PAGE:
Calculating Tech's Total Cost of Ownership / Technology / Last Modified: February 22, 2017

Total Cost of Ownership (TCO) is a commonly used calculation designed to help businesses assess the direct and indirect costs ...

Total Cost of Ownership (TCO) is a commonly used calculation designed to help businesses assess the direct and indirect costs associated with information technology purchases. By doing a TCO analysis, you can make more informed purchase decisions.

When evaluating the TCO of hardware, software, or networking equipment, you should consider:

  1. The initial costs of the hardware and software.
  2. Costs for the initial deployment and employee training.
  3. On-going maintenance fees for software updates and upgrades as well as help-desk support.
  4. Expenses related to system and network maintenance, backup and other data protection services.
  5. Costs associated with downtime.

Use a TCO calculator

You can do your own Total Cost of Ownership analysis on any piece of equipment, from laptops to printers.

Bring in a TCO specialist

Some smaller businesses may be overwhelmed at the notion of doing a TCO analysis. If that's the case or if you have a larger company where the technology is complex, you may want to bring in a TCO expert.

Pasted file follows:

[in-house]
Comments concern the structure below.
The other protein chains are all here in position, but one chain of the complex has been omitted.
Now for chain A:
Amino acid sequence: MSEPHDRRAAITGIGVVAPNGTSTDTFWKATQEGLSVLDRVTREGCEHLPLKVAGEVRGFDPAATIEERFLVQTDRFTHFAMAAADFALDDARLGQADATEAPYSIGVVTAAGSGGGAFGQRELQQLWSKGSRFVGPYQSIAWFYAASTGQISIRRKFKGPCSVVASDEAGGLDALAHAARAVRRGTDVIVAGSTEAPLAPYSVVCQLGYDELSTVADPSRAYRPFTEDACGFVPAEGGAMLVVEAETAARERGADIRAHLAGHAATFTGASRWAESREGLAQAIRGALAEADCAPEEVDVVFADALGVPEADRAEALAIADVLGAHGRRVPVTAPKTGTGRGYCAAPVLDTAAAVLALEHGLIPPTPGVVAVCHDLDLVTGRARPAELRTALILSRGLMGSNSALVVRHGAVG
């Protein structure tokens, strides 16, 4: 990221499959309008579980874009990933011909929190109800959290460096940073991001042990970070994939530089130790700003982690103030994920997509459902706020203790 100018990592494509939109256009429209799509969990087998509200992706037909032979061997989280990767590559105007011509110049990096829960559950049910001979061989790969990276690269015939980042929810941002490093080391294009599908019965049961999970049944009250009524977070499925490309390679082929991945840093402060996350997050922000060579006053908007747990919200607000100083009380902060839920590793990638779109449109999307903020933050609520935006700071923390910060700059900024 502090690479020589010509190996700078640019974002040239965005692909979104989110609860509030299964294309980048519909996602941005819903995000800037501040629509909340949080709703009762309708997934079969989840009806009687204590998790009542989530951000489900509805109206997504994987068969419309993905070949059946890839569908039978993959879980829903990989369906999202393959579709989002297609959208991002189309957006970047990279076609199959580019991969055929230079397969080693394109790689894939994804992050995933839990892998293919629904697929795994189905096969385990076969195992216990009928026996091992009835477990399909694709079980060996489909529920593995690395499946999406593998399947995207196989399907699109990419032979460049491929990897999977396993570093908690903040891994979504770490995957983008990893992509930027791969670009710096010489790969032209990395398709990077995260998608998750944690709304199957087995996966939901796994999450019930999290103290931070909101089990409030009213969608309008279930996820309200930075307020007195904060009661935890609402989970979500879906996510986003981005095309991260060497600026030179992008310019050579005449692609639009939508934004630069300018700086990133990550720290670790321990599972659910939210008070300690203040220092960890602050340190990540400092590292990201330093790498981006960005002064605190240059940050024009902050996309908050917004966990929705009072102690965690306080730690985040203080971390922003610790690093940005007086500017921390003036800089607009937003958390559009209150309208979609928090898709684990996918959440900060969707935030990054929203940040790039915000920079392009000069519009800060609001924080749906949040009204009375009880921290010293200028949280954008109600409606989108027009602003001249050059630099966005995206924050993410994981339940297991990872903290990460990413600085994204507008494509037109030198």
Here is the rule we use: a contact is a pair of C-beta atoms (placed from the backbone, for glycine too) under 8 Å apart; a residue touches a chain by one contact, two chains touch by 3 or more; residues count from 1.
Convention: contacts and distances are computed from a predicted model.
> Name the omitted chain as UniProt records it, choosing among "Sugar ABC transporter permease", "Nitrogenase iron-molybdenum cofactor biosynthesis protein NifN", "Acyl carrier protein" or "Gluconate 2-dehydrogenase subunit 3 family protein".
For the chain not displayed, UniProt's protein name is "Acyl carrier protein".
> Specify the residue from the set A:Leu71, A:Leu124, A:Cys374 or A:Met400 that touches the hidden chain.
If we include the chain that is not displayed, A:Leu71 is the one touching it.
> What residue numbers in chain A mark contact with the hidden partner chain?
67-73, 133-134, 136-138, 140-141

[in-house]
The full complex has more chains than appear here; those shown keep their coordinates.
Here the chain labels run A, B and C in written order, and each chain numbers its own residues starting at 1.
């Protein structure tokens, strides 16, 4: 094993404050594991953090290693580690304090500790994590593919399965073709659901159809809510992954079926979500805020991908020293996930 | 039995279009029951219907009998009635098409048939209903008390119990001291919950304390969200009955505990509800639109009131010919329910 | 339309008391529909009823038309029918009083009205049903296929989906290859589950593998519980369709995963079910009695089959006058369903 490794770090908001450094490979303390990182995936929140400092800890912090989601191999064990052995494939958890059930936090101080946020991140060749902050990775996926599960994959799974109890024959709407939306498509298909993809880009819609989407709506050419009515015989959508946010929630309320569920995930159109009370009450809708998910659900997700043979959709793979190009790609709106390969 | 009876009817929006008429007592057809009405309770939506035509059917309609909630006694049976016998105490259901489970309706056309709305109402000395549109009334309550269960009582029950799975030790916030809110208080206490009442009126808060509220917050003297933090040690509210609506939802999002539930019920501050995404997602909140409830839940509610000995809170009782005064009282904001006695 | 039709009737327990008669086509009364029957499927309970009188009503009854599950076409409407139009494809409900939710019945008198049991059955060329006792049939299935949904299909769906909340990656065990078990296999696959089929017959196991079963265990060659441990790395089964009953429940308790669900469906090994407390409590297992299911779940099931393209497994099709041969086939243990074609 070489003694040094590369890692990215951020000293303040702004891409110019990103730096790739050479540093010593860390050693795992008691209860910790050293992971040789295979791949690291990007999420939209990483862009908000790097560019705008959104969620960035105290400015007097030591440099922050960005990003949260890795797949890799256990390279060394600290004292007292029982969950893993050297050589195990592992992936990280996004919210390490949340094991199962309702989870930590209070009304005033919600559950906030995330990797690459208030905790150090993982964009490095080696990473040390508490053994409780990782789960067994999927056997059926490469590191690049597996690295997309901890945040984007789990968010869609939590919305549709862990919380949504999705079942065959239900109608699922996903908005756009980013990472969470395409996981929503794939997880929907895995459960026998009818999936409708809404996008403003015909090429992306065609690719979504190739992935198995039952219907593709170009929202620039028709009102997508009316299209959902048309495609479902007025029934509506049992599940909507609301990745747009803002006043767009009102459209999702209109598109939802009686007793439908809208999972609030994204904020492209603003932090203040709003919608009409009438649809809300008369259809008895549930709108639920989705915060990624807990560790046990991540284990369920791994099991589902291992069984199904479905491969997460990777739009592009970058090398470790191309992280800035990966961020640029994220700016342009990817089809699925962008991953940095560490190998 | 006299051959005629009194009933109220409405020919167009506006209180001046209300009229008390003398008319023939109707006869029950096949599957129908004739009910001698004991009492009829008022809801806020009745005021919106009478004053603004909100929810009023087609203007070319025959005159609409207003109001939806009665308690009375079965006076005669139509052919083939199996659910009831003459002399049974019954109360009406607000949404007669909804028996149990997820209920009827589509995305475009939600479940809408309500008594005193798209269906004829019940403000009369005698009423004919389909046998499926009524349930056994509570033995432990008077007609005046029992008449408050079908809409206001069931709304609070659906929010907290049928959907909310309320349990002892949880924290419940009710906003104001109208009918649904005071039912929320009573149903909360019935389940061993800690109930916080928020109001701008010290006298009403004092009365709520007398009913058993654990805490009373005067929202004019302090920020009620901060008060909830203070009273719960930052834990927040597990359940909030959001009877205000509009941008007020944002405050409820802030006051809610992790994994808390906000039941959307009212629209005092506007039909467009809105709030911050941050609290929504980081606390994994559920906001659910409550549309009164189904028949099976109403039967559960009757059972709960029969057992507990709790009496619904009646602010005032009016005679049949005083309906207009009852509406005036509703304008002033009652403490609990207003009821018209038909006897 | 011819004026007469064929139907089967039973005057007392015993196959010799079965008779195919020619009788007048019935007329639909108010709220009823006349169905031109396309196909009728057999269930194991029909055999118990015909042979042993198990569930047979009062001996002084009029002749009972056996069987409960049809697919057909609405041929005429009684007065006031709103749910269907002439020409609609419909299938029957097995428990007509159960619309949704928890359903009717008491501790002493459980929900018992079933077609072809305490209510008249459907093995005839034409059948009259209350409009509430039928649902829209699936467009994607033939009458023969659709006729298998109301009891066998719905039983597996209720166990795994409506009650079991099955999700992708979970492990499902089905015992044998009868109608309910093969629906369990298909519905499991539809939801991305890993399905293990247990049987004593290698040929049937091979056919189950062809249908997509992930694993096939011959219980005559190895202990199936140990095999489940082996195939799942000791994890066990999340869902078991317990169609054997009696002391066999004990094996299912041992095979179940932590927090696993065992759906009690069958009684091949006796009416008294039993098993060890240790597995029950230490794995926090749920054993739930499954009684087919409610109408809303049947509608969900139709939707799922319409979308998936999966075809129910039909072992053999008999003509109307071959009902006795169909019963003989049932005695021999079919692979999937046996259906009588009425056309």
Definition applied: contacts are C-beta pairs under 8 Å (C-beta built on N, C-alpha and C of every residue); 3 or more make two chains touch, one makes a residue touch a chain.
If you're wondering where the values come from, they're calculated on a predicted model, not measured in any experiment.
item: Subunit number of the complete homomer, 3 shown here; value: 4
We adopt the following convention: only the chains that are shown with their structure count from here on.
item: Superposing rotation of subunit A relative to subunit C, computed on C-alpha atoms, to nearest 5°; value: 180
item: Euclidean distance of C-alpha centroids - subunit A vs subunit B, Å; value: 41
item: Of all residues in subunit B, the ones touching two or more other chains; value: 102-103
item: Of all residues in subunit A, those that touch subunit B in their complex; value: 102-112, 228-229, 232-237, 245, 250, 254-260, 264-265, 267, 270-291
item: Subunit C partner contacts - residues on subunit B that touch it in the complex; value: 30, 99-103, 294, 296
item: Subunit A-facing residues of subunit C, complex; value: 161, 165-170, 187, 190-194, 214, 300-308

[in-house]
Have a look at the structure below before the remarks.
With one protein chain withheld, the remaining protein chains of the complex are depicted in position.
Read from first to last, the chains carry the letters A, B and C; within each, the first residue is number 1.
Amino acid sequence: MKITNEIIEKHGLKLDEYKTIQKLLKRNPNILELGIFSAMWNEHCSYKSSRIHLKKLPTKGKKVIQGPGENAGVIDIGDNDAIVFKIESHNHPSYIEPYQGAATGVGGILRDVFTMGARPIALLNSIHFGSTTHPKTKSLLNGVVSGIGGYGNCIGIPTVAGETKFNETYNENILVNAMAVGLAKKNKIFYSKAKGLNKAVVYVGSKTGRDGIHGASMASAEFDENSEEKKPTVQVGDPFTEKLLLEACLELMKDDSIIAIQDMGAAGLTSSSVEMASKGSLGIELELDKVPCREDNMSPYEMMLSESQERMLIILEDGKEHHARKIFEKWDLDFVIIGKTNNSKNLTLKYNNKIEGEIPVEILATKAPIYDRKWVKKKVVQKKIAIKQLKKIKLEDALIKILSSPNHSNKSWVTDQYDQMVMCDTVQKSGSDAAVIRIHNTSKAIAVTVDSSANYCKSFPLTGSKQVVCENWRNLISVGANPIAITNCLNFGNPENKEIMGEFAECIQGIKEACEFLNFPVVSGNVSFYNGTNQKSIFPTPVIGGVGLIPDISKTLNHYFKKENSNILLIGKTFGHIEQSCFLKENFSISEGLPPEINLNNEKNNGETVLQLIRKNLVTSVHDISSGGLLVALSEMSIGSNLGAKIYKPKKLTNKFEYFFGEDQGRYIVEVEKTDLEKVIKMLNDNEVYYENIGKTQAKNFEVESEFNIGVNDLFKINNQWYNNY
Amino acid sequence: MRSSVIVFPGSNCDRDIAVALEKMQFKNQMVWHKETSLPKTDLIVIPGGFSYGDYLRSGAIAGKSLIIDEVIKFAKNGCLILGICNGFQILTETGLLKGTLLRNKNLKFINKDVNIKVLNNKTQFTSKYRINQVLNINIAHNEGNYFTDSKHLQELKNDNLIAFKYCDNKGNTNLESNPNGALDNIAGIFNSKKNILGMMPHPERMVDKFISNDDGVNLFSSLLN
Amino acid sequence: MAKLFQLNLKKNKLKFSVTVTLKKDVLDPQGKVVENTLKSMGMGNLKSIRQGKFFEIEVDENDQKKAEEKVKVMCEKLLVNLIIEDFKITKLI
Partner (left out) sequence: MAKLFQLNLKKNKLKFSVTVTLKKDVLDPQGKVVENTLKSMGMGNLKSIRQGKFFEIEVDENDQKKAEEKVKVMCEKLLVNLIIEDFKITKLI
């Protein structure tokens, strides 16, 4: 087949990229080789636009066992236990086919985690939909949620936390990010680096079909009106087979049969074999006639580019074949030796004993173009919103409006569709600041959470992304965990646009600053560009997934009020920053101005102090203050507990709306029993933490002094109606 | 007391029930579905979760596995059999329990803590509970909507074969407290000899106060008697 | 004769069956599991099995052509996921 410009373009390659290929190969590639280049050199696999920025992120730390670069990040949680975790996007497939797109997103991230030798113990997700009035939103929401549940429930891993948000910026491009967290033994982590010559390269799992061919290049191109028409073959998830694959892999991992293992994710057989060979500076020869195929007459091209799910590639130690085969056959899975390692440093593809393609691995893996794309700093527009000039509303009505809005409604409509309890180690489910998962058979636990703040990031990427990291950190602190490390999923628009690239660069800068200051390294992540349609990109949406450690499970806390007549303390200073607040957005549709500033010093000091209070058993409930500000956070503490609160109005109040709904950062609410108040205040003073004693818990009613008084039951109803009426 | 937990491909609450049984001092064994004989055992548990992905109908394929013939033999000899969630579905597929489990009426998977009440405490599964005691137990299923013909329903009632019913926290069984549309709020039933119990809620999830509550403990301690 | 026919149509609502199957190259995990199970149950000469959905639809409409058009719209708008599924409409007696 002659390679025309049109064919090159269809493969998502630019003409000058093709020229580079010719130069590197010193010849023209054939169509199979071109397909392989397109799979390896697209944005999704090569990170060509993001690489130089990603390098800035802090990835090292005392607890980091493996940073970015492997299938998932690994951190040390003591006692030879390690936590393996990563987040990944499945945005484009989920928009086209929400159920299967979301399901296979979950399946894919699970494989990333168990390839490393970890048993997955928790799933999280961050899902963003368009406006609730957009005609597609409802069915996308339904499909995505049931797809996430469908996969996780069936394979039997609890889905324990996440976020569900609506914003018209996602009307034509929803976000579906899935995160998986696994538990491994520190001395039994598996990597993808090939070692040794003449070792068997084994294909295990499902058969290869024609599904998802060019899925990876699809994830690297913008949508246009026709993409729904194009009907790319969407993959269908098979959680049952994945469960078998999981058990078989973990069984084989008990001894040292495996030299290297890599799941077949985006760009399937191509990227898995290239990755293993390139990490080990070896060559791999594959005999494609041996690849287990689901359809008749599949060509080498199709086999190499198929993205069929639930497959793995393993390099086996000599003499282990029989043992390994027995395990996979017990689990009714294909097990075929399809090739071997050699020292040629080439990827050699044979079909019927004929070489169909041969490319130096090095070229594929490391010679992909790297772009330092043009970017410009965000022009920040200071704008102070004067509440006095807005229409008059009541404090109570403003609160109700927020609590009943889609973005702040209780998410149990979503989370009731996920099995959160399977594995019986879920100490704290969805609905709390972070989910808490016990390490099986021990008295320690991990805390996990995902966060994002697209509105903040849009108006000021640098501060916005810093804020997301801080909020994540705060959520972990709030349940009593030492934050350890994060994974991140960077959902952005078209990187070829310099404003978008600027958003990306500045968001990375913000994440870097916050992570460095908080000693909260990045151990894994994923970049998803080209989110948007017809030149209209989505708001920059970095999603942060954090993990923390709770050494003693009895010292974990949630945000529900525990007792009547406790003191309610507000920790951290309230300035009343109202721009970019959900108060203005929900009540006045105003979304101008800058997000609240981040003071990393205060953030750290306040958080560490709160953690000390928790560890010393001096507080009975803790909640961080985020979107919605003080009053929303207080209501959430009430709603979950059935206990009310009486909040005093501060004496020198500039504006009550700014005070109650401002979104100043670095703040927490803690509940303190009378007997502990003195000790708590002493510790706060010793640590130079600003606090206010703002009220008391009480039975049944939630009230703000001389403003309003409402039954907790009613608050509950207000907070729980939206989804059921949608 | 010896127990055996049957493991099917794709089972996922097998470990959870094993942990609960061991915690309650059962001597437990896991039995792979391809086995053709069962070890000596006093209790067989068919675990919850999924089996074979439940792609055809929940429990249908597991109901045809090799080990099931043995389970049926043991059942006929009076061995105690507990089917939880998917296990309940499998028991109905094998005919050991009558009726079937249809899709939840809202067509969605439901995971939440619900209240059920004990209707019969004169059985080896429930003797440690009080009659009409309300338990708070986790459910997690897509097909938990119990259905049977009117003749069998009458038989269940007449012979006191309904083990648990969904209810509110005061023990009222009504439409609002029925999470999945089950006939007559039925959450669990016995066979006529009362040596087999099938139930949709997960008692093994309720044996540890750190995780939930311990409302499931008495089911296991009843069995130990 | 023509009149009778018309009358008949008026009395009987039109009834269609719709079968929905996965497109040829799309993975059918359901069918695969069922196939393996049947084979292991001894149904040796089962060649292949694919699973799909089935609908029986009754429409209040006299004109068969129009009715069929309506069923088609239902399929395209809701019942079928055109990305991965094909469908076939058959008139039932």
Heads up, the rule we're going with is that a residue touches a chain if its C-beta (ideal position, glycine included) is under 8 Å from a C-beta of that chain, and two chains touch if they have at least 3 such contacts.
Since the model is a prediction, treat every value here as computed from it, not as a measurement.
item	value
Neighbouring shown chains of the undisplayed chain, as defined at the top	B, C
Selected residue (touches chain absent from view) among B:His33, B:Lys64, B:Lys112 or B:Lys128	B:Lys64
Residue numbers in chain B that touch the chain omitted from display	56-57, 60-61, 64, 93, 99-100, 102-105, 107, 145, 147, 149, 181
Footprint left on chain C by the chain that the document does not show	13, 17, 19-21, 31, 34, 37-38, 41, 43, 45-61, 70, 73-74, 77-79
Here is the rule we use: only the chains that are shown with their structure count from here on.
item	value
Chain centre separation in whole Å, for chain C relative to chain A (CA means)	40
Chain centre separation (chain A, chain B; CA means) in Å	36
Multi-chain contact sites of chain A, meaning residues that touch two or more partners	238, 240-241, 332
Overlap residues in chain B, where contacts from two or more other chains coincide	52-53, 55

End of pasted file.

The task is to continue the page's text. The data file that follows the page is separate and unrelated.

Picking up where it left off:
Standardize your hardware and software configurations

You can lower your TCO by standardizing desktop hardware, software and PC configurations. To do so, you may have to spend more money up front to get everyone on the same system. Ultimately, you can save money by eliminating "one-of-a-kind" troubleshooting and support and by creating an environment where users can easily move from one desktop to another. In addition, this approach generally makes installation, repair and maintenance less expensive.

Use asset management software

With IT asset management tools, you can audit and manage your company's PC and software. By doing so, IT managers can quickly identify noncompliant systems (for instance, systems that don't meet your security standards or have out-of-date operating systems) and upgrade them. Using asset management tools will often help you improve your company's IT support and response time, decrease down time and reduce TCO.
  • It's important not to base buying decisions completely on TCO. Sometimes more expensive products offer benefits that make them a better fit for the long run.
  • To get a full understanding of ongoing costs associated with an application or new system, experts recommend calculating TCO over a three-year period.
  • Don't get sidetracked by TCO and prioritize projects based on lowest cost. In certain cases, technology investments that cost more should take precedence because they deliver more value to your business.

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